Unformatted text preview: Bismil 1 Farishta Bismil
At Home Assignment #2
Twelve percent of all recorded deaths worldwide are the result of some form of
cancer. Therefore, being diagnosed with cancer is an extremely emotional experience.
It is so emotional in fact that people diagnosed with is sometimes don’t want to know
they have it. Not only do the patients sometimes not want to know, but neither do the
patient’s close family and friends. And other times, the family and friends do want to
know, but they feel as if they shouldn’t tell the patient to protect them. These
preferences on the disclosure of one's diagnoses can be impacted by many variables
including education level and culture.
The article I read is about a study of cancer disclosure methods in Iran. I chose
this because I myself am from the Middle East. I was curious to know how people there
go about delivering and receiving diagnoses. There are many different options for
patients to receive their diagnoses. The most common method in the U.S. is for the
doctor to deliver the news to the patient directly. However, in Iran there are also other
methods that are considered. Sometimes patients are just given literature of brochures.
Sometimes patients are receive the news from their close family or friends, and
sometimes they are informed by other patients who have had the same diagnoses. That
is of course, if they want to be informed at all. This study shows percentages of the type
of disclosure the patients want and how their income and other variables can have an
affect of their choice.
The study found that 6.8 percent of people wished they had not received their
diagnoses, but 93.2 percent of people did want the information. Only people with lower
levels of education wished that they had not been informed. It also found that people
with lower education levels were less likely to get a second opinion compared to people
with higher ones.
They found that family members main reason for not wanting the patient to know was
because they thought it would hurt their relatives outcome.
The main outcome of the study is that both the patient and family members
generally want to be informed as much as possible when they are sick and do not want
the physicians to hold anything back. This study will help give doctors the right protocol Bismil 2 in Iran when delivering the information to their patients that they have this terrible
The ted talk I chose for part 2 of this assignment is by Paula Hammond and titled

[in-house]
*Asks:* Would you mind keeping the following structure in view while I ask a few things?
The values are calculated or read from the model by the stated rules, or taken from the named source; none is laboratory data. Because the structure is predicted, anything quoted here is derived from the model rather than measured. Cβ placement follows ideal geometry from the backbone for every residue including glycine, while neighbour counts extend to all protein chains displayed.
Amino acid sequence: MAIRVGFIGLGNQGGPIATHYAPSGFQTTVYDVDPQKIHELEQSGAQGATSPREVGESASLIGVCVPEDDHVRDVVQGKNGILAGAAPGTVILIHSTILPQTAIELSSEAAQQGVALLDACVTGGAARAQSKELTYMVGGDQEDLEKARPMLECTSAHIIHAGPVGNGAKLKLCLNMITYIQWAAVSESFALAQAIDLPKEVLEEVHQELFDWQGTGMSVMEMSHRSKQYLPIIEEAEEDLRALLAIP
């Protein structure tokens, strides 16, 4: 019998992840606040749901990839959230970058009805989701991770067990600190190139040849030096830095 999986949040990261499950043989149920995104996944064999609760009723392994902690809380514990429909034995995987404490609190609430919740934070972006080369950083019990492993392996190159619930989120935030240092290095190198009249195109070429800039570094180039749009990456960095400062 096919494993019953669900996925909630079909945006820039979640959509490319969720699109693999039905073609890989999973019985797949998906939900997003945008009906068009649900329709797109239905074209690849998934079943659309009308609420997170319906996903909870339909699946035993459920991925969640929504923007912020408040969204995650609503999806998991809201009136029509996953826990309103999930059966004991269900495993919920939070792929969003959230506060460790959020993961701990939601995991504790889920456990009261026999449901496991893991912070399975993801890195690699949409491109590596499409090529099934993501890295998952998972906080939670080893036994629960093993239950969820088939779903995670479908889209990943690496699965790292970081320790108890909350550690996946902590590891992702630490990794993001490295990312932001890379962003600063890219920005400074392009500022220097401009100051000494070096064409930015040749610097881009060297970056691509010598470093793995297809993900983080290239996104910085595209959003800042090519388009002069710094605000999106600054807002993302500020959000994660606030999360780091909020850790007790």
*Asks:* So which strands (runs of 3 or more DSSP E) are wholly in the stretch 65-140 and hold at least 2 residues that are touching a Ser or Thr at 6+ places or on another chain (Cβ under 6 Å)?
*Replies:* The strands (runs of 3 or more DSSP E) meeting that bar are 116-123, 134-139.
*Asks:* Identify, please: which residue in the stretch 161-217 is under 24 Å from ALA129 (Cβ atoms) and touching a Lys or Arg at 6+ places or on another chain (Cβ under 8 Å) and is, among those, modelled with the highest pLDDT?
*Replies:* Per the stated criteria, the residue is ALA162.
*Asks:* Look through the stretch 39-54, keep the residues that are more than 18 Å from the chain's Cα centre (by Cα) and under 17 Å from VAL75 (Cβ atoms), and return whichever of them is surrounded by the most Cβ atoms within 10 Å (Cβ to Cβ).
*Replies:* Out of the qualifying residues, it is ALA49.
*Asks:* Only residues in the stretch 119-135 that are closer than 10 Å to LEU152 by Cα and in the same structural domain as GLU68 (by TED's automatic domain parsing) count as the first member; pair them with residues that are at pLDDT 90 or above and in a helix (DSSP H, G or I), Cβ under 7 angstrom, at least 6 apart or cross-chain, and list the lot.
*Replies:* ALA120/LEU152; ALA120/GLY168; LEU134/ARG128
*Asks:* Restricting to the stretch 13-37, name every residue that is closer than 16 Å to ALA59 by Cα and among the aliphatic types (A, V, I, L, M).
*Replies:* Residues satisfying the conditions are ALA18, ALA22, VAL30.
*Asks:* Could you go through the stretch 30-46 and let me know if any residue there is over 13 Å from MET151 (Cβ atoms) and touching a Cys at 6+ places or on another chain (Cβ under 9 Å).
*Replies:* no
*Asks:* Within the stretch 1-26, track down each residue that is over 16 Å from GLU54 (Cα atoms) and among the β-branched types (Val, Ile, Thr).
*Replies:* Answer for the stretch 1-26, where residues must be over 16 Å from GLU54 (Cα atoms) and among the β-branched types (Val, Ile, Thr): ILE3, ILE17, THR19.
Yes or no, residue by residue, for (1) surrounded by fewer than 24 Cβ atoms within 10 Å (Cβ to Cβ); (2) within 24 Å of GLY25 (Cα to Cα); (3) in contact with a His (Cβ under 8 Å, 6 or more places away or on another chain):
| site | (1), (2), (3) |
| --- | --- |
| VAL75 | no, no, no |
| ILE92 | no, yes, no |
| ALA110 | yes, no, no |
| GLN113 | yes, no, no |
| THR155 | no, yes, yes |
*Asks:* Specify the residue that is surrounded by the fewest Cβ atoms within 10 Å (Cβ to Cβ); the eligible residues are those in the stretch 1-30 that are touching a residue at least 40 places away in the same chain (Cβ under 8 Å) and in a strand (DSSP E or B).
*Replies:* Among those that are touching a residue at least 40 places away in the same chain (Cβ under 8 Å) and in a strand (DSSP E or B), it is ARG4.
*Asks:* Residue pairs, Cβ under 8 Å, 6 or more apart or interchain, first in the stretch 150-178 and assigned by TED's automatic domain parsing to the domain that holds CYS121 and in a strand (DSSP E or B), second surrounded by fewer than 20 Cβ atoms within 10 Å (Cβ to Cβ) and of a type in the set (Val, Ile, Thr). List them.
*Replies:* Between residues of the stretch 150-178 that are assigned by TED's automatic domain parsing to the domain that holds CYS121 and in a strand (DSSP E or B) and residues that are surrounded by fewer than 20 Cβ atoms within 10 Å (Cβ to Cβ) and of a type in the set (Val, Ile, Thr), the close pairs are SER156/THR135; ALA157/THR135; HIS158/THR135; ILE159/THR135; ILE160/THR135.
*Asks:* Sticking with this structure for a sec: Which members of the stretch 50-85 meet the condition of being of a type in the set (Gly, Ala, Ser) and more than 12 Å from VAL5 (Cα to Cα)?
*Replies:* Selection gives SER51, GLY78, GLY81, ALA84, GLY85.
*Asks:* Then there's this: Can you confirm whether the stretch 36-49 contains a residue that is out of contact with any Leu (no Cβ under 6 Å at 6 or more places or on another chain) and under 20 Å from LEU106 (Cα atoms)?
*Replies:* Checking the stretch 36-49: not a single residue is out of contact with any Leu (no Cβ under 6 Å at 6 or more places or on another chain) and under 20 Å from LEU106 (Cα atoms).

“A New Super Weapon in the Fight Against Cancer”. Paula Hammond is the head of
MIT’s Department of Chemical Engineering.
I chose this Ted Talk because I have always been curious about finding a cure
for cancer. The fact that we have found ways to cure some forms of cancer, but not
others interests me. Why is it that a cure for one can not be a cure for all?
Paula Hammond explains that cancer is an adaptive disease, almost like a virus.
She equates them to a super villain because they're good at staying alive and that
cancer comes from a genetic mutation like a some villain's powers. So she feels that the
way to stopping these cancer is to cut off these genes using a set of molecules called
siRNA. This will prevent the cancer cell from adapting.
The way they go about deploying this is by making a wrapping chemo with this
siRNA creating a nanoparticle. Then they wrap the nanoparticle in something called
hydrated polysaccharide. Paula Hammond refers to this as an invisibility cloak. It is
called this because it allows the nanoparticle to travel through the bloodstream without
being killed off by the body.
The drug works because the siRNA takes away the ability for the cancer cell to
adapt and is then destroyed by the chemotherapy. This drug has worked in animals with
a severe breast cancer.
Cancer is the third largest underlying disease killer in the world. With technology
like this advancing we are becoming closer and closer for all people to never have to
worry about this disease anymore.
While I find this video to be promising and Paula Hammond to be a true pioneer,
I did not like how she left out the logistics of this drug once it is on the market. Such as
how much does it cost? And exactly how long she thinks it will take? These are
important matters that will need to be addressed when a cure is found so it can be
available to everyone.
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- Winter '10
- Paula Hammond, At Home Assignment, of their choice, New Super Weapon